Henryk Gorecki (1933-2010) became best known for his Third Symphony, the ‘Symphony of Sorrowful Songs’ that became a hit in the 1990s, tapping into a new hunger in the listening public for serious new music that was nonetheless melodically inspired and spiritual in sensibility. These qualities can be readily discerned in much of the rest of his small and fastidious output. The Kleines Requiem für eine Polka (1993) is itself at once a profoundly serious work and a curiously elusive one, a blend of warm expressive directness with almost Brechtian alienation. It is scored for a chamber ensemble: like Henze’s late masterpiece, it is an instrumental Requiem, in which words are felt to be otiose to the direct expression of grief and consolation.
The Lerchenmusik (1984) taps a similarly elegiac vein with smaller forces and Classical restraint: clarinet, violin and piano. The interplay of fast tempos with sections so slow as to be virtually motionless is highly characteristic of Górecki. Like his penchant for extremes of loudness and softness, it suggests a stylistic debt to Messiaen, whom Górecki got to know when he went to study in Paris in the early 1960s, and whom he often singled out as one of the supreme figures in his musical pantheon. ‘After Messiaen’, he once declared, speaking about modern music in a rare television interview, ‘it’s finished for me.’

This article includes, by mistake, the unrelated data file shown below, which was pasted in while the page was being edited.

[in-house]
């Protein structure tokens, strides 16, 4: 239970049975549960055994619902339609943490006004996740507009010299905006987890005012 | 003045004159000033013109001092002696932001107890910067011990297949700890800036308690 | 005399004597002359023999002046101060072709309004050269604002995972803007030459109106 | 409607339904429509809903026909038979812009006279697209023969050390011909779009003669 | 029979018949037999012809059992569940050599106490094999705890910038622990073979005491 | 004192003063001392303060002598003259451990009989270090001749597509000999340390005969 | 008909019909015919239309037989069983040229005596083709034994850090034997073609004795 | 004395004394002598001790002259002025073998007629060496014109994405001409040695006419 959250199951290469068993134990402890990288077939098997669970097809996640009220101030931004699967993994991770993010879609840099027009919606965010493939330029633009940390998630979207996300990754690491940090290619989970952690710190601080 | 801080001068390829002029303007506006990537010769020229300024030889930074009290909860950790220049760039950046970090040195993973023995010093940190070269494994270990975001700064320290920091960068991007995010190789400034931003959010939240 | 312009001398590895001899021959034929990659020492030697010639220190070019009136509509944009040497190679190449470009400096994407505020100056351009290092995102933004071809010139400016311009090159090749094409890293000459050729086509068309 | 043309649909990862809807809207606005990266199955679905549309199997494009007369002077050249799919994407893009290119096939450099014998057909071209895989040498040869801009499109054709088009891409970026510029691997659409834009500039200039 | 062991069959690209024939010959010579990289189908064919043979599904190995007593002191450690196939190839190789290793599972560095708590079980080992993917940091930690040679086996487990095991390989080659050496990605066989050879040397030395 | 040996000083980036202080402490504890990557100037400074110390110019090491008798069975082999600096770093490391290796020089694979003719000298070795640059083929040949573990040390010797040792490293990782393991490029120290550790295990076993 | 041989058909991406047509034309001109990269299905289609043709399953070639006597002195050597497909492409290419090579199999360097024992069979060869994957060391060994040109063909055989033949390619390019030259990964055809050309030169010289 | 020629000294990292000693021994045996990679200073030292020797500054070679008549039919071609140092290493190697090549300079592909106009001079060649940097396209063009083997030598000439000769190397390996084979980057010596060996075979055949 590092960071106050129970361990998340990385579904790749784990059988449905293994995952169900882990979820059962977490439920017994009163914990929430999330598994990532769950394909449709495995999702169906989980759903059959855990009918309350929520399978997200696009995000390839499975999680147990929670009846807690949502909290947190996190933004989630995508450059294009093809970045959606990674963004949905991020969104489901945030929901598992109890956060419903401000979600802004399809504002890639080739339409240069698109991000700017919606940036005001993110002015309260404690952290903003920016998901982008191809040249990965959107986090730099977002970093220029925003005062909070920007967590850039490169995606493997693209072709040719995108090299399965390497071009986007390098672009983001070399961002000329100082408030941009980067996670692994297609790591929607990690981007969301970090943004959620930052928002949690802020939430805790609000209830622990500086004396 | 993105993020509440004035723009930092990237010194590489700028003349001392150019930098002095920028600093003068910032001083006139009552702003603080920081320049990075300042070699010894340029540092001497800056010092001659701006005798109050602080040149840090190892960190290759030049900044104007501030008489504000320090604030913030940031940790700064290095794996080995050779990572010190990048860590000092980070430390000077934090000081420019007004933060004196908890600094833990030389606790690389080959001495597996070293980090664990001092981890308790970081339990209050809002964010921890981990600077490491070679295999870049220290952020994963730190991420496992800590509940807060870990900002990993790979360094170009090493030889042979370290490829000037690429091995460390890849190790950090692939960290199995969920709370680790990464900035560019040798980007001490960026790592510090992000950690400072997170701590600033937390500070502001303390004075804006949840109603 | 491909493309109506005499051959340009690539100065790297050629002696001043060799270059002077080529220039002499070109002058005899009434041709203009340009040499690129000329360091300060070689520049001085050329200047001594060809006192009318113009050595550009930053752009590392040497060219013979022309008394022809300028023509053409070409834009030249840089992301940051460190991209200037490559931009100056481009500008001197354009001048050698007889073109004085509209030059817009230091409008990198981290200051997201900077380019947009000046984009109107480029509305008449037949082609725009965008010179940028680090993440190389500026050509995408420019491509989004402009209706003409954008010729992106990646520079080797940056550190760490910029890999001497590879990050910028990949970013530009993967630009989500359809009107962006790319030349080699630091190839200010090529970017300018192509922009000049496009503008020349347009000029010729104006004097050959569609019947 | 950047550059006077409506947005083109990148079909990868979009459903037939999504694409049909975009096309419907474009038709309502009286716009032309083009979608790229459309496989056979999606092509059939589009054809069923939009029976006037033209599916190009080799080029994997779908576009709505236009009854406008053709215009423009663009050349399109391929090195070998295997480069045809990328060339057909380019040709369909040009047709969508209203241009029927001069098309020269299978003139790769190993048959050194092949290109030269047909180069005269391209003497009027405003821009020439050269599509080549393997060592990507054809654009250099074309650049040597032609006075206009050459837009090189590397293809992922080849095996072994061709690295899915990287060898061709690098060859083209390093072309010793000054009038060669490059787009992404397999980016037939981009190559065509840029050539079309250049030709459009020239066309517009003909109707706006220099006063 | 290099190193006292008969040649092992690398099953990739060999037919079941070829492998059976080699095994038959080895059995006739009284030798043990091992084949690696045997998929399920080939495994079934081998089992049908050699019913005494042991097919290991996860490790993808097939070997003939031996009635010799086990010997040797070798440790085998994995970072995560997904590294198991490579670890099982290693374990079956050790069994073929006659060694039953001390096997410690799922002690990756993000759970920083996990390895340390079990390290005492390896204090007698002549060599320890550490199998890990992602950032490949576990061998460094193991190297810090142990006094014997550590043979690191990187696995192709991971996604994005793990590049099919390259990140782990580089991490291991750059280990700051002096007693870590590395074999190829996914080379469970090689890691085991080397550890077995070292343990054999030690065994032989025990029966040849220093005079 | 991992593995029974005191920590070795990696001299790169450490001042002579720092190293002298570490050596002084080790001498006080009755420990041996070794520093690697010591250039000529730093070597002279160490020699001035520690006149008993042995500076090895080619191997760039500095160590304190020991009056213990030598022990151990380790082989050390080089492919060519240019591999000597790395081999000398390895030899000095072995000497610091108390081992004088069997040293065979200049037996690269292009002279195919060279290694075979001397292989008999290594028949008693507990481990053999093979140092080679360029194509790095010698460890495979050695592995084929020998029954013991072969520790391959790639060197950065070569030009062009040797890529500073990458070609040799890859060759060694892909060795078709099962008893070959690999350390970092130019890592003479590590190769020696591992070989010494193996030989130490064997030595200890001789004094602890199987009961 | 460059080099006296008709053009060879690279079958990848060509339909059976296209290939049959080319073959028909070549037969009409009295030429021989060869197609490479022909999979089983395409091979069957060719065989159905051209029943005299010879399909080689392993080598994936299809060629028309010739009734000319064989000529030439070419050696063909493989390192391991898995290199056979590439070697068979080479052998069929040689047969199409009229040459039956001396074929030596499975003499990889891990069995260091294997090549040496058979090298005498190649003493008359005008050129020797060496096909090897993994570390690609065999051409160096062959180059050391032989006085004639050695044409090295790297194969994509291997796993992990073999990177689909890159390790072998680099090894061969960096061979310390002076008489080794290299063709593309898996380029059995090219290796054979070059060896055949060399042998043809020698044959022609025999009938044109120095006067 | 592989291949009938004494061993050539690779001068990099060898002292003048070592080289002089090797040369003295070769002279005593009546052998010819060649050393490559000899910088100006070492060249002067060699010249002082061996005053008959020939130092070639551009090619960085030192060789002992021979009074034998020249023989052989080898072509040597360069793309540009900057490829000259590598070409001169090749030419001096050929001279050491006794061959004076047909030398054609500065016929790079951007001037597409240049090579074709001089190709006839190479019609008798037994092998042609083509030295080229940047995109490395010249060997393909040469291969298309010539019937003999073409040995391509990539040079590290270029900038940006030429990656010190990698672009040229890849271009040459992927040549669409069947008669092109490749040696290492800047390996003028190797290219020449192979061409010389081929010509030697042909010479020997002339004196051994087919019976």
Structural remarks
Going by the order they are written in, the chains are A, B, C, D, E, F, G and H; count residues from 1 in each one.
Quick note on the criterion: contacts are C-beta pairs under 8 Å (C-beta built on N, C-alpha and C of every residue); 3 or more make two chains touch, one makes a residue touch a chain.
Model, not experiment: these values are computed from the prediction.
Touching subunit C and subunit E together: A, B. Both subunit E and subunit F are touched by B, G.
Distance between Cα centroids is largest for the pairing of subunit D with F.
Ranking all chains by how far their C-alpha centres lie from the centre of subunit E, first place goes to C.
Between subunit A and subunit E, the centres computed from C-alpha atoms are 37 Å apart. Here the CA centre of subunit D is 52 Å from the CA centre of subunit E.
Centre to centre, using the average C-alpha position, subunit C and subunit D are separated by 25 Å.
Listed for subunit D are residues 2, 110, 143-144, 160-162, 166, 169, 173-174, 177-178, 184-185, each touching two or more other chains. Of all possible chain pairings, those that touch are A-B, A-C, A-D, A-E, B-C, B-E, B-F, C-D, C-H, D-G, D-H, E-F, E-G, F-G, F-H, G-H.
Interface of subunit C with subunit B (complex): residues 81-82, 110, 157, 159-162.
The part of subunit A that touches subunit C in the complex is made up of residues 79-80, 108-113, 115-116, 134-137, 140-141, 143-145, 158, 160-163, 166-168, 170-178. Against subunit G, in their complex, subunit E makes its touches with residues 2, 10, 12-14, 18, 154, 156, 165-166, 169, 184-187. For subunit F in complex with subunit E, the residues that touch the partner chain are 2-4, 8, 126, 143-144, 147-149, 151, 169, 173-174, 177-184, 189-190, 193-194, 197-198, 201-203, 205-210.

New booklet notes by Bernard Jacobson, noted authority on Polish music of the 20th century.
“This is a rather Messiaen-ic study in contrasts: the opening five minutes is almost supernaturally calm and quiet, suddenly shattered by a shrill burst of violins and chimes that disappears as enigmatically as it appeared ..."Lerchenmusik" features a similarly startling blend of calm and stridency, before the final movement offers a gloss on the theme of Beethoven's 4th Piano Concerto.”
“In these two works Gorecki juxtaposes extreme contrasts veering between moments of eerie calm and strident aggression.”
Click on any of the works listed above for alternative recordings.